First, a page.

History of the Westmoreland

The Westmoreland Cooperative, one of Washington's "Best Addresses", celebrated its one-hundredth anniversary in 2006. The building originally opened as a rental property in 1906 and was converted to a co-op in 1948. The building was designed by architects Edgar S. Kennedy and Harry Blake in 1905.

James M. Goode, in his book Best Addresses (Washington and London, Smithsonian Institution Press, 1988, pp. 77-80) wrote the following:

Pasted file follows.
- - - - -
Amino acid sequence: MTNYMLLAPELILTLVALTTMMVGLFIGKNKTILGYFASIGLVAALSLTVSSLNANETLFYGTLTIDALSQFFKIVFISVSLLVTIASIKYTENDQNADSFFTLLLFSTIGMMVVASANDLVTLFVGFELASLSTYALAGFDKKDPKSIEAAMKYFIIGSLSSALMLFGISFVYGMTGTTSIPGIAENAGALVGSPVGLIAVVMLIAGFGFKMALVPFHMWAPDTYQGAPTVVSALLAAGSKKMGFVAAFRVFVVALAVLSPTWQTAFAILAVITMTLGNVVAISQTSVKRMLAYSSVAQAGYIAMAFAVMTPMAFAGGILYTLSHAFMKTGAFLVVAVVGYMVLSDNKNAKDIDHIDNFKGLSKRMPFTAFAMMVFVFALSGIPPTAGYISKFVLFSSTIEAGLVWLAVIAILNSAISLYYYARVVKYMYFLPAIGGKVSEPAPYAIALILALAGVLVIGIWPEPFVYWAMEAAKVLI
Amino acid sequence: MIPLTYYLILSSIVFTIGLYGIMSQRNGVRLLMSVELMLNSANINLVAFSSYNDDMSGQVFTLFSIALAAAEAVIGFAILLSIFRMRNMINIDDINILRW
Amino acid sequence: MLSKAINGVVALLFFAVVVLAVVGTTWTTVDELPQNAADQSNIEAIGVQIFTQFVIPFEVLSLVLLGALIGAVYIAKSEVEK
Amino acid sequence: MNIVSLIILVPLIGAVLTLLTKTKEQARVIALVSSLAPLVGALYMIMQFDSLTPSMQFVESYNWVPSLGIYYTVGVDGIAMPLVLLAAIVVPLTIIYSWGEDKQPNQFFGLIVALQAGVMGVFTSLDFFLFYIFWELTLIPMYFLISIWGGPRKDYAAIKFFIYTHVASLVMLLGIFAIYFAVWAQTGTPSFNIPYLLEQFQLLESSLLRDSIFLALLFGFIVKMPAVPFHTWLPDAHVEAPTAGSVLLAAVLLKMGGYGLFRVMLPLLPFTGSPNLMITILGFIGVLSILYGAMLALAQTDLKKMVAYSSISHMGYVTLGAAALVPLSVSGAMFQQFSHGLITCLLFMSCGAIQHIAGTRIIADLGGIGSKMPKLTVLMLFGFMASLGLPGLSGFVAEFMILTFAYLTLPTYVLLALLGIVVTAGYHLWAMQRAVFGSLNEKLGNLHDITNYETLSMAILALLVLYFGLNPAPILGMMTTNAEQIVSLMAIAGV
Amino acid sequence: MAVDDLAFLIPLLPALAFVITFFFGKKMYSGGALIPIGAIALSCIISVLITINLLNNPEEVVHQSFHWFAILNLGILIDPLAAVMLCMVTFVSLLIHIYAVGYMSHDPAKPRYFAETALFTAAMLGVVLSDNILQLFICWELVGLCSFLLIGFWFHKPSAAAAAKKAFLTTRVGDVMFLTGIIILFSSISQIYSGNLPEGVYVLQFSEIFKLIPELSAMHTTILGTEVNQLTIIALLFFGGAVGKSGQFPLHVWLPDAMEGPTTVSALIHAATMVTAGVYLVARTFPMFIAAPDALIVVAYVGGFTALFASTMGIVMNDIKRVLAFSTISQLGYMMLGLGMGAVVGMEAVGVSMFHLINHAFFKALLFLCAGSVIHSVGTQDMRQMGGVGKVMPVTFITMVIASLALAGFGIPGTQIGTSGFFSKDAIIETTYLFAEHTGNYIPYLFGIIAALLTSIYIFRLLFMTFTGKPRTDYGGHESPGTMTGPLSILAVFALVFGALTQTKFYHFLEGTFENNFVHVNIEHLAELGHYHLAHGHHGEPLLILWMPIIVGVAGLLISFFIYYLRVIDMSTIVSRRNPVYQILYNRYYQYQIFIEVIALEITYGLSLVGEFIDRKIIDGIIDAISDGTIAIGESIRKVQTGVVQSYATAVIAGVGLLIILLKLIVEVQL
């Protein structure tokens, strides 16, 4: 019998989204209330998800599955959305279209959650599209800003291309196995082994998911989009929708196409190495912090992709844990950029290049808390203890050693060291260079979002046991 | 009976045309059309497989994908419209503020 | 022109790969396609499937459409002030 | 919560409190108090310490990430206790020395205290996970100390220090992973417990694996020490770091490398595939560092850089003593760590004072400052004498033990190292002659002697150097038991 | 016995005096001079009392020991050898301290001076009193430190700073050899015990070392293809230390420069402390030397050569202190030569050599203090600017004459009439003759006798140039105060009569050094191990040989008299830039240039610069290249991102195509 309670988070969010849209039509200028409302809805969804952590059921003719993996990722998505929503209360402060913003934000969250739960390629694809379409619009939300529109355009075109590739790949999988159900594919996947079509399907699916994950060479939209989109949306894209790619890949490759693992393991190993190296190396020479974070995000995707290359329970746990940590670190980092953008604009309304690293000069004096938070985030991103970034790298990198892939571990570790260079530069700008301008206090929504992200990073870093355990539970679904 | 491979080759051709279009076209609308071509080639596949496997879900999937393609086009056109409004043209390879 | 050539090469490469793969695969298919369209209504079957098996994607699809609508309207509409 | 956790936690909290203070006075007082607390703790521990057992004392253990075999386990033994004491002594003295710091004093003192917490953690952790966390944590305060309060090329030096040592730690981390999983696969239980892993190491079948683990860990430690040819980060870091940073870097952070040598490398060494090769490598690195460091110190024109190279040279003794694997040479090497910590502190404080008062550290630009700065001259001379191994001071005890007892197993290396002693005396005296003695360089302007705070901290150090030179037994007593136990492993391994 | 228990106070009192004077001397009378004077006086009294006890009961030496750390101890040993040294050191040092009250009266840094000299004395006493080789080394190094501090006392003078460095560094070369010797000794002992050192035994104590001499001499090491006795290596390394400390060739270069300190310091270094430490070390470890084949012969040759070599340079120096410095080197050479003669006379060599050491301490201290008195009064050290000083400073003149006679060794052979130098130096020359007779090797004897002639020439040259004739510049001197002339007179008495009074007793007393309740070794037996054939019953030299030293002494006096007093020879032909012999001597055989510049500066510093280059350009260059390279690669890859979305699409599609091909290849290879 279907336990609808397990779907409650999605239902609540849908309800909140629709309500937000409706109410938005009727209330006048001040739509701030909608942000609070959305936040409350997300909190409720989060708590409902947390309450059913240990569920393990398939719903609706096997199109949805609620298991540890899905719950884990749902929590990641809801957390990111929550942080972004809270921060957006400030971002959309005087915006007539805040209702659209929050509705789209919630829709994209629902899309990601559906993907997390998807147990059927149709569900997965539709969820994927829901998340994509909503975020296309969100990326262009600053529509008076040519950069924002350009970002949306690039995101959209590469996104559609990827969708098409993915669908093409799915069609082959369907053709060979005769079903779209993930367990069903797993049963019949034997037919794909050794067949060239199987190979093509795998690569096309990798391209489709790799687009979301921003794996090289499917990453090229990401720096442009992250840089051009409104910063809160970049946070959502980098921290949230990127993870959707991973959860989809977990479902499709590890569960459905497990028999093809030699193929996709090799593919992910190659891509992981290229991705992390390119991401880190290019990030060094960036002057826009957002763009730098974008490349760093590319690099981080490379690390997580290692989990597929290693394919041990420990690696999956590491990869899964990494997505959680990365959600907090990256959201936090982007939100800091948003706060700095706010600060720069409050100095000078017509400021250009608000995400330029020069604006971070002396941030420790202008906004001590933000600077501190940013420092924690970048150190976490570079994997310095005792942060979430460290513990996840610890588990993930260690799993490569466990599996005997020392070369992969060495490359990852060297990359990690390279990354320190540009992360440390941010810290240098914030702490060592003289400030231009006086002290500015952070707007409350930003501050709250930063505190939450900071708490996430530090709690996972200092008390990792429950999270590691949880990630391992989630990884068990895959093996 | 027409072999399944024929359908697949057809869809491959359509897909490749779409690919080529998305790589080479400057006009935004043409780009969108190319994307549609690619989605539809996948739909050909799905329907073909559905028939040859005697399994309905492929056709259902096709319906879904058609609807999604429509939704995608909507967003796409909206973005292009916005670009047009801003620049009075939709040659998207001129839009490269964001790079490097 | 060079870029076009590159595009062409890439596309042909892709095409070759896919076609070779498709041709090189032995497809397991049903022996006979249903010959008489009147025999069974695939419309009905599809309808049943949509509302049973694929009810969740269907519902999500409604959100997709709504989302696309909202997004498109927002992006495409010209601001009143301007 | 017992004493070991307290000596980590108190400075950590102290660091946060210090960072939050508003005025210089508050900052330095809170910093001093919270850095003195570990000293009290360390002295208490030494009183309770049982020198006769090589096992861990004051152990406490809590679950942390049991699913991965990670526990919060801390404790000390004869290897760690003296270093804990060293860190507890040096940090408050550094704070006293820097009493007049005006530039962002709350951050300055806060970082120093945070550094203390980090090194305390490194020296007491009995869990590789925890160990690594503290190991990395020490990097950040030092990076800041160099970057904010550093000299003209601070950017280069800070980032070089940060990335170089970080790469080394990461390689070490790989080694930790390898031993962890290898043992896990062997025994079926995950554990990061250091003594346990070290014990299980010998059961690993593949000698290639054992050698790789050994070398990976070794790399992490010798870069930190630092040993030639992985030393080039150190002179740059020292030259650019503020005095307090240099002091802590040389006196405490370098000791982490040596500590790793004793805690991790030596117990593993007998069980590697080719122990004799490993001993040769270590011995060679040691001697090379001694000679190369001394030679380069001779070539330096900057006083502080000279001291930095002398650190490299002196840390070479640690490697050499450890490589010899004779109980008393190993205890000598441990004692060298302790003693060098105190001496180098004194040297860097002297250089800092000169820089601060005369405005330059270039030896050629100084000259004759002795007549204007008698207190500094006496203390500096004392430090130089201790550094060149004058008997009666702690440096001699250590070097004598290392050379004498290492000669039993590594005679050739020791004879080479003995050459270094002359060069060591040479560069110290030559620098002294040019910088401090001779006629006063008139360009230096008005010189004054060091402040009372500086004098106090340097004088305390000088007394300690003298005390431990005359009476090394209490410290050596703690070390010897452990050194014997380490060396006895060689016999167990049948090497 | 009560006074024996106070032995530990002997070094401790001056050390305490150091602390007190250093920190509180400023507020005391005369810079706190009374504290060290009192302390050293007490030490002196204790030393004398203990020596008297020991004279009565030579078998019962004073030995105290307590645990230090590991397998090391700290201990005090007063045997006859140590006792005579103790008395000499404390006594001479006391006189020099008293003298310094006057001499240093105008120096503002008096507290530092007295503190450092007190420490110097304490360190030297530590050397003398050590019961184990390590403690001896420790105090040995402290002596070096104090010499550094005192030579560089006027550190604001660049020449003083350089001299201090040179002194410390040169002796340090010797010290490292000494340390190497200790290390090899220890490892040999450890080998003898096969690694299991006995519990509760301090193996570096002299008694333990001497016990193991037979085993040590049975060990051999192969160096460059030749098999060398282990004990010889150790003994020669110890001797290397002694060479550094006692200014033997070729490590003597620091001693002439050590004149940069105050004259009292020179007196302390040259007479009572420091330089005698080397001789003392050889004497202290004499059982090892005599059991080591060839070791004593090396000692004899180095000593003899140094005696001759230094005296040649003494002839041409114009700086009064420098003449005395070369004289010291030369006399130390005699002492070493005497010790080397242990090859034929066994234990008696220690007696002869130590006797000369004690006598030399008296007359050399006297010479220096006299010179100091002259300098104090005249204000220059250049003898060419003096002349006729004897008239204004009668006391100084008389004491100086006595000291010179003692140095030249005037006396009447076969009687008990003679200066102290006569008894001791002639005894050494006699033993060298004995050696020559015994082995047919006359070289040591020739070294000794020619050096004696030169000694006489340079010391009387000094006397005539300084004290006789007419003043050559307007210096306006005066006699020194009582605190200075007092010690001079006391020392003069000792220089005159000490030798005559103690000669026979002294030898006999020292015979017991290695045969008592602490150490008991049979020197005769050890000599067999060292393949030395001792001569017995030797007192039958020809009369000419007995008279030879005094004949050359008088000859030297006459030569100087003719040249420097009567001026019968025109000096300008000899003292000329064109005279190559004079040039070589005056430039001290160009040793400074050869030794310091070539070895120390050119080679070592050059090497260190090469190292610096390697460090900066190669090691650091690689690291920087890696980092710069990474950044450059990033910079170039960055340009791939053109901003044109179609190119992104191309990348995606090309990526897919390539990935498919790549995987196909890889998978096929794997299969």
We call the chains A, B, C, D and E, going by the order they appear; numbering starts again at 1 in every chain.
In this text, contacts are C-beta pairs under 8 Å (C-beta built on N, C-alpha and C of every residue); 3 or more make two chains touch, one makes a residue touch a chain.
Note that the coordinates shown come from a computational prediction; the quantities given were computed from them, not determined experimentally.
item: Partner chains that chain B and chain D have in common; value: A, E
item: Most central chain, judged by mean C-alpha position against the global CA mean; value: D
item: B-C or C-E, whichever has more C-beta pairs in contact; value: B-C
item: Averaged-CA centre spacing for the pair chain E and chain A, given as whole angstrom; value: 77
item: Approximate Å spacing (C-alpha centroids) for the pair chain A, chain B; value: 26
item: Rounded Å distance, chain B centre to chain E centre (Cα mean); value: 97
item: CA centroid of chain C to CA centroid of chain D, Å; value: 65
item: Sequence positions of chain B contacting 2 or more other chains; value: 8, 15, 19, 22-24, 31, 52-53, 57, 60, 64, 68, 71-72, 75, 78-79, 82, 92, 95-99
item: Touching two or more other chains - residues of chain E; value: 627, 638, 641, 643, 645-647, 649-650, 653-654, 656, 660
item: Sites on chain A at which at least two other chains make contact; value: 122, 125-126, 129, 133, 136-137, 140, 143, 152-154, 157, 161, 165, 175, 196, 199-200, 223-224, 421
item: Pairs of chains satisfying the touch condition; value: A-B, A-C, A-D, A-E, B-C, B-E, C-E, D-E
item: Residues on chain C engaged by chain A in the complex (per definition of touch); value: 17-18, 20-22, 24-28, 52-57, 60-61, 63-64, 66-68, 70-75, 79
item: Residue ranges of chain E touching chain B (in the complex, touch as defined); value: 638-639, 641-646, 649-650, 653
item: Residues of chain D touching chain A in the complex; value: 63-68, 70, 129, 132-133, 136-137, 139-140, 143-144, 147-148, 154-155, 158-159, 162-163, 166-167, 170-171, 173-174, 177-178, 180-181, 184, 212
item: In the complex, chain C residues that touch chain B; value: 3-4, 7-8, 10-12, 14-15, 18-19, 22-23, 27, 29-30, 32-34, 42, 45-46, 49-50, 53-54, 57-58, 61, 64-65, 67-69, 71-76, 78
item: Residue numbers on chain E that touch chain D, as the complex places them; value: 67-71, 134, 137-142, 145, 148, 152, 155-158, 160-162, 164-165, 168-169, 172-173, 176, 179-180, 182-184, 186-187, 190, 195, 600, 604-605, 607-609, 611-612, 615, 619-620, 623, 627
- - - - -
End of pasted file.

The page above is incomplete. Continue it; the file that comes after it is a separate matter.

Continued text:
Resembling a Maltese cross, the six-story buff-brick and limestone beaux-arts Westmoreland was one of several early apartment houses erected on California Street with a commanding view of the city from the crest of Kalorama heights.... The developers originally planned to call the building the Waverly but changed the name before construction was completed. When it opened in 1906 the Westmoreland contained fifty-five apartments. From the beginning, a public dining room, the Westmoreland Cafe, was operated on the top floor of the east central wing, serving three meals a day. The manager often lived in an adjoining apartment until the cafe closed in 1932, during the Great Depression. At that time a covered passageway was built between the Westmoreland and the adjoining Highlands, so that Westmoreland residents could use the public dining room there without needing protection from the weather. The old passageway was torn down in 1948 when the Westmoreland became a co-op... When changed from rental to cooperative status in 1948, the building included a lawn with a rose garden on the west side. This gave way in 1962 to a parking lot for the residents, now holding thirty cars. Because of the building's high elevation on California Street, the city water system was originally not powerful enough to furnish water pressure to the top three floors. As a result, a large storage tank was built at the top of the staircase in the rooftop penthouse...